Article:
PacifiCorp faces lawsuit over downed power lines sparking Oregon wildfires

By Monica Samayoa (OPB)
Portland, Ore. Oct. 2, 2020 12:59 a.m.
A downed power line runs to the charred husk of a building at the former site of the incident command center for the Beachie Creek Fire near Gates, Ore., Sept. 9, 2020.

A downed power line runs to the charred husk of a building at the former site of the incident command center for the Beachie Creek Fire near Gates, Ore., Sept. 9, 2020.

Bradley W. Parks / OPB

One of the Northwest’s biggest private utilities faces a class action lawsuit for allegedly failing to maintain power lines that caused a significant portion of the catastrophic Labor Day wildfires in Oregon.


The suit was filed Wednesday in the Multnomah County Circuit Court by three Pacific Northwest law firms: Keller Rohrback LLP, Stoll Berne and Nick Kahl LLC.

PacifiCorp and one of its divisions, Pacific Power, were named in the suit. The suit also alleges the utilities failed to take simple measures, like cutting off power in high-risk areas to prevent tragic loss.

“Many of these fires were not ignited by lightning or careless campers. Instead, these fires were whipped to their overwhelming size by a series of ignitions caused by these defendants' power lines,” said Daniel Mensher, a partner at Keller Rohrback and a former environmental law professor at Lewis & Clark Law School in Portland.

Fire officials have already determined downed power lines caused at least 13 wildfires that week. Dry, high east winds blew west of the Cascades for nearly four days, contributing both to the downing of power lines and to the furnace-blast effect that caused the fires to grow so large, racing down canyons and valleys.

Related: Fire officials say downed power lines played role in Santiam Fire

The east winds reignited three wildfires: the Lionshead Fire on the Warms Springs Reservation, the Beachie Creek Fire on the Willamette National Forest east of Salem, and the Holiday Farm Fire 3 miles west of McKenzie Bridge in Lane County. These fires alone have collectively burned more than 570,000 acres as of Thursday.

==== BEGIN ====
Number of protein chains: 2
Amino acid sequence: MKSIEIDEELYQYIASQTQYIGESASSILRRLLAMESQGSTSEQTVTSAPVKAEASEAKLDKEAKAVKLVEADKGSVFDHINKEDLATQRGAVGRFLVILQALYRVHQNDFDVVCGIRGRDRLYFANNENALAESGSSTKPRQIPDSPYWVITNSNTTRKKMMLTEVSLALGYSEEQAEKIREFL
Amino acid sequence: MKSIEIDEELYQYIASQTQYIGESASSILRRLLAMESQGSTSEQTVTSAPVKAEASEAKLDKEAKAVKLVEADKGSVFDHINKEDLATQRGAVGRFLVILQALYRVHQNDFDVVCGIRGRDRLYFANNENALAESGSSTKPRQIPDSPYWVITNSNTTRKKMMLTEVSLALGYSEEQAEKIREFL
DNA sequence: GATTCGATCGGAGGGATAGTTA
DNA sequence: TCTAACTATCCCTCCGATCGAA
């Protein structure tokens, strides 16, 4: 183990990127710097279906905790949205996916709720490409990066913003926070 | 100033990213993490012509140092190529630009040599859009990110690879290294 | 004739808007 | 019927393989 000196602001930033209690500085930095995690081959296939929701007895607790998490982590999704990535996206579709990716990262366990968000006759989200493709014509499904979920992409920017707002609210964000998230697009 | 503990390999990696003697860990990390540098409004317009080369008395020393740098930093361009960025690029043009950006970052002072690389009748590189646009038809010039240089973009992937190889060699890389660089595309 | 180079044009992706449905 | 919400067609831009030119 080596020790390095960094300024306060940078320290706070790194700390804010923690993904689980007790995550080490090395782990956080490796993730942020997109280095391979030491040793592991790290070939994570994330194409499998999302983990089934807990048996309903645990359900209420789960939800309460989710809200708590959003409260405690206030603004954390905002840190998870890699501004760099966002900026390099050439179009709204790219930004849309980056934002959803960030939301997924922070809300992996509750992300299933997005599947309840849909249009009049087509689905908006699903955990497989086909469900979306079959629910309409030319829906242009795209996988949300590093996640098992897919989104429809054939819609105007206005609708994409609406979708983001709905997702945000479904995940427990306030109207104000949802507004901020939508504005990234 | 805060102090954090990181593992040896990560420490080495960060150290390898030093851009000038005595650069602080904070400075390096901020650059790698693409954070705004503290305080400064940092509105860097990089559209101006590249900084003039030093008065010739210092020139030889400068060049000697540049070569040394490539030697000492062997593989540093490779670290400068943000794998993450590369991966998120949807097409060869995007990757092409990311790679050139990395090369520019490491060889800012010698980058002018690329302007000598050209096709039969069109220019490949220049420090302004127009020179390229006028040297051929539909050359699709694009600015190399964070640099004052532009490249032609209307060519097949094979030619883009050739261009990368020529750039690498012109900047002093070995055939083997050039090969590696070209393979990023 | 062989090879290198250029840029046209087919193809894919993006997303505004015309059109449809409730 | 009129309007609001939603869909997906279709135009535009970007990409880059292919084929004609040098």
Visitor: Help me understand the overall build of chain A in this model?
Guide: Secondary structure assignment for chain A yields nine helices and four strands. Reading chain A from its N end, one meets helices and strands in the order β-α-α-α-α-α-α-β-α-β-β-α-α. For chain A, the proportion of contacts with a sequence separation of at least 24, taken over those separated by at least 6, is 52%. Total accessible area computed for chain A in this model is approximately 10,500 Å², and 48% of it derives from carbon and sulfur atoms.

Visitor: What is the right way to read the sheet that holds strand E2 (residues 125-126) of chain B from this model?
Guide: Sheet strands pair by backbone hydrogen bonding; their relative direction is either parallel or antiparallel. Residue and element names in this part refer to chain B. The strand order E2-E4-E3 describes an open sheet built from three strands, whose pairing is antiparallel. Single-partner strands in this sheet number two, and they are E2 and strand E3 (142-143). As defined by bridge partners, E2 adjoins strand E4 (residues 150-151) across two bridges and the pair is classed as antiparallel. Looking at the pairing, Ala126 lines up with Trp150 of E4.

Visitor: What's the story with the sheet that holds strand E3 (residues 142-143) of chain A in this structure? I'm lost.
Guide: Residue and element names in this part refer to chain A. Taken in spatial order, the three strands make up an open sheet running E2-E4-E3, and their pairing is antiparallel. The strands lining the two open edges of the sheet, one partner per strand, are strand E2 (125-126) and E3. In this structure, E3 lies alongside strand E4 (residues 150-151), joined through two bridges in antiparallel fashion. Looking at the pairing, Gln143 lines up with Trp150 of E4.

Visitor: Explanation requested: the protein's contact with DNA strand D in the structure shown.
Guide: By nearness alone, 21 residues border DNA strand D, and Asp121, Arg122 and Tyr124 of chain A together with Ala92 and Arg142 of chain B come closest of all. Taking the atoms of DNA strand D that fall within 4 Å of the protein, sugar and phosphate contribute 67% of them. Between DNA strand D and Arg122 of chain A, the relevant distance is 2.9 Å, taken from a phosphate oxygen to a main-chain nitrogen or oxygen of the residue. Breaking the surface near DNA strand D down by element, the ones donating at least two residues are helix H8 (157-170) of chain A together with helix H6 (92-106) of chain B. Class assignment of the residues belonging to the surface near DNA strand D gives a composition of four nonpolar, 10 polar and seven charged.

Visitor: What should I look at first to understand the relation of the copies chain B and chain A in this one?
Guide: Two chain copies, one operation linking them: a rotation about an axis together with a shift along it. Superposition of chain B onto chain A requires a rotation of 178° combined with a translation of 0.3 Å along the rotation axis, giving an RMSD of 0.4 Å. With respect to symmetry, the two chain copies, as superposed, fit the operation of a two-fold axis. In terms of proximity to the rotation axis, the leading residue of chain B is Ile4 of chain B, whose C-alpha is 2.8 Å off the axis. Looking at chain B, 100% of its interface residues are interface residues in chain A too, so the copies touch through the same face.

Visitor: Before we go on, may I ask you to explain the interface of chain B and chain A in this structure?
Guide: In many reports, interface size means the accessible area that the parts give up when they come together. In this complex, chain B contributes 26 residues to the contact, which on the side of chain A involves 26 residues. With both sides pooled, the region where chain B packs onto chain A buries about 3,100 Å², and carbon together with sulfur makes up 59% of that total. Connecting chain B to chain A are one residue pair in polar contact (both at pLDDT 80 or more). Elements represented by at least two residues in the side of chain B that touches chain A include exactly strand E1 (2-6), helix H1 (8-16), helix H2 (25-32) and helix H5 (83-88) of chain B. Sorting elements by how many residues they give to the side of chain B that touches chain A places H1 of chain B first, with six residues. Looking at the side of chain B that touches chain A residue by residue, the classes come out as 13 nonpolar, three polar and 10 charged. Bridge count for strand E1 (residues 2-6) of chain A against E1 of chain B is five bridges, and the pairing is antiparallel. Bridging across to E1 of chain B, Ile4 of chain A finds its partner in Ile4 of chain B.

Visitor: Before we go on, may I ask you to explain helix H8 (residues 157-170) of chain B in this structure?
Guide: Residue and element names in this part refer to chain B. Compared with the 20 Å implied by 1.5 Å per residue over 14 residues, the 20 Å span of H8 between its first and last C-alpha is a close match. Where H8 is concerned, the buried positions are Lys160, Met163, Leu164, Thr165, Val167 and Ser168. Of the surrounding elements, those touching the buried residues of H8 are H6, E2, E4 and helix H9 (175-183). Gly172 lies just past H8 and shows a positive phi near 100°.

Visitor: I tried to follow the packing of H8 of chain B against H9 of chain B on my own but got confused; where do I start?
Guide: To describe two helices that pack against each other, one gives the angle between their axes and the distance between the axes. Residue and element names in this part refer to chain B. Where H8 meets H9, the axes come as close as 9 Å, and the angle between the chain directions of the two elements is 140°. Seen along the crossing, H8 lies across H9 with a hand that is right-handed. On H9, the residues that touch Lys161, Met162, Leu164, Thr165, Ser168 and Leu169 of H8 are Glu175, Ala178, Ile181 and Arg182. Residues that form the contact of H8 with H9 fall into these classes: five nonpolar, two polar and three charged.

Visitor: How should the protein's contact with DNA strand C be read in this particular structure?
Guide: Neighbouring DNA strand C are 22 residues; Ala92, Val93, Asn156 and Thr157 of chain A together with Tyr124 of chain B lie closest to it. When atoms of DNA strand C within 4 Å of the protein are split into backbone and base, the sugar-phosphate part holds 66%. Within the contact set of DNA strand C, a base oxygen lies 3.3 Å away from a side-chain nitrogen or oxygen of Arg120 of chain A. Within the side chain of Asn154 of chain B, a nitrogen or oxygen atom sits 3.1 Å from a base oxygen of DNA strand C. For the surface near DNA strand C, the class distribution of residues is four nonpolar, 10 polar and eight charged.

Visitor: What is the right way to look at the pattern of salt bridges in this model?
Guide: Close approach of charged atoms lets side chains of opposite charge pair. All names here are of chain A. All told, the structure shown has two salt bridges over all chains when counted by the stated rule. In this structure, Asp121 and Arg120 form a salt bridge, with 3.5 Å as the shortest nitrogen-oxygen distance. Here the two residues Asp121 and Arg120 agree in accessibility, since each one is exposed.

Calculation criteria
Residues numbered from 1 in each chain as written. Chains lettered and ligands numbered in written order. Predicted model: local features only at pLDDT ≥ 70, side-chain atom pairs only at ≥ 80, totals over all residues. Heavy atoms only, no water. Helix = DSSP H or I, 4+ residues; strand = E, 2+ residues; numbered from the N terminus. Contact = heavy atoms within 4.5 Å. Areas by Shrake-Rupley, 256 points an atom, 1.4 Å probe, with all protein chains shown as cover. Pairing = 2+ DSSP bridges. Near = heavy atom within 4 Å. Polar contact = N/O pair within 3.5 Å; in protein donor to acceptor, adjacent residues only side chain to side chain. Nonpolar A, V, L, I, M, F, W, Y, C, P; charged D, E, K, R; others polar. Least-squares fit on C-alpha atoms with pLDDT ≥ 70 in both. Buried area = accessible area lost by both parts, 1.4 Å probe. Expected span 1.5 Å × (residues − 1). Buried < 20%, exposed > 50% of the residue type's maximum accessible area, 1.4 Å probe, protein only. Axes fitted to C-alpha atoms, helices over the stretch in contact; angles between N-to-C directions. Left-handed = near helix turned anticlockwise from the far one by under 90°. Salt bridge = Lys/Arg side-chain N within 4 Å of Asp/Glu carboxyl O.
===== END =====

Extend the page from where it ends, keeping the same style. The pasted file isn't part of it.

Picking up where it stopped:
Firefighting conditions were so dangerous during that week that fire crews focused on rescue efforts rather than fighting fires.

Nick Kahl is one of the attorneys with the lawsuit. He said other local utilities across the state turned off power to prevent tragic losses when news came of the high east winds that would be in the region by Sept. 7.


He says the weather and fire conditions across the state amounted to the perfect storm, but that it came with warning. PacifiCorp had plenty of time to safely shut off power, he said, but it failed to take those simple measures to prevent sparking more wildfires.

“If you don’t do that and other utilities in the same exact position as you do, I don’t know how you can try to claim what you did was reasonable, especially when you look at the consequences,” Kahl said.

On Thursday, during a special meeting of the Oregon Public Utility Commission, several telecommunications and utility companies gave damage and restoration updates.

Pacific Northwest utilities including PacifiCorp, which covers more than 21,000 square miles of service territory, said the devastation from the Labor Day wildfires has created a long road to recovery and rebuilding in affected cities.

PacifiCorp vice president David Lucas said that in rare instances, such as when the high east winds blew up Oregon’s fires last month, his company does resort to shutting off power in high-risk areas.

“As we’ve learned through extensive, local community engagement, public safety power shutoff events must be properly planned and coordinated, so that our loss of power does not have unintended consequences of actually increasing public safety risk,” Lucas said.

He said it was vital to ensure the utility is providing power to critical facilities like fire, police, water districts, communications companies and other local emergency response, to help with fire suppression and other emergencies that may occur.

In the Medford area, Lucas said the utility did not meet protocols for using a public safety power shutoff in high-risk areas, but they did “de-energize lines at the request of local emergency agencies to allow firefighters to do their job safety and to assist in removing debris to unblock roadways.”

Stoll Berne attorney and shareholder Yoona Park said the assertion by PacifiCorp that it kept power on in certain areas for communications efforts for first responders is astounding.

“These are people’s lives, these are people’s homes,” Park said. “It was a perfect storm that required something to spark it and that thing that sparked, it could have been shut off.”

Other utilities, including Portland General Electric, Avista Utilities and NW Natural, said they are working diligently on getting power and gas restored to customers as quickly as they can.

A spokesperson said PacifiCorp does not comment directly on active litigation.

In 2018, California’s Pacific Gas and Electric company faced similar scrutiny after 85 people died in the deadly Camp Fire. PG&E was sued and agreed to pay a $13.5 billion settlement.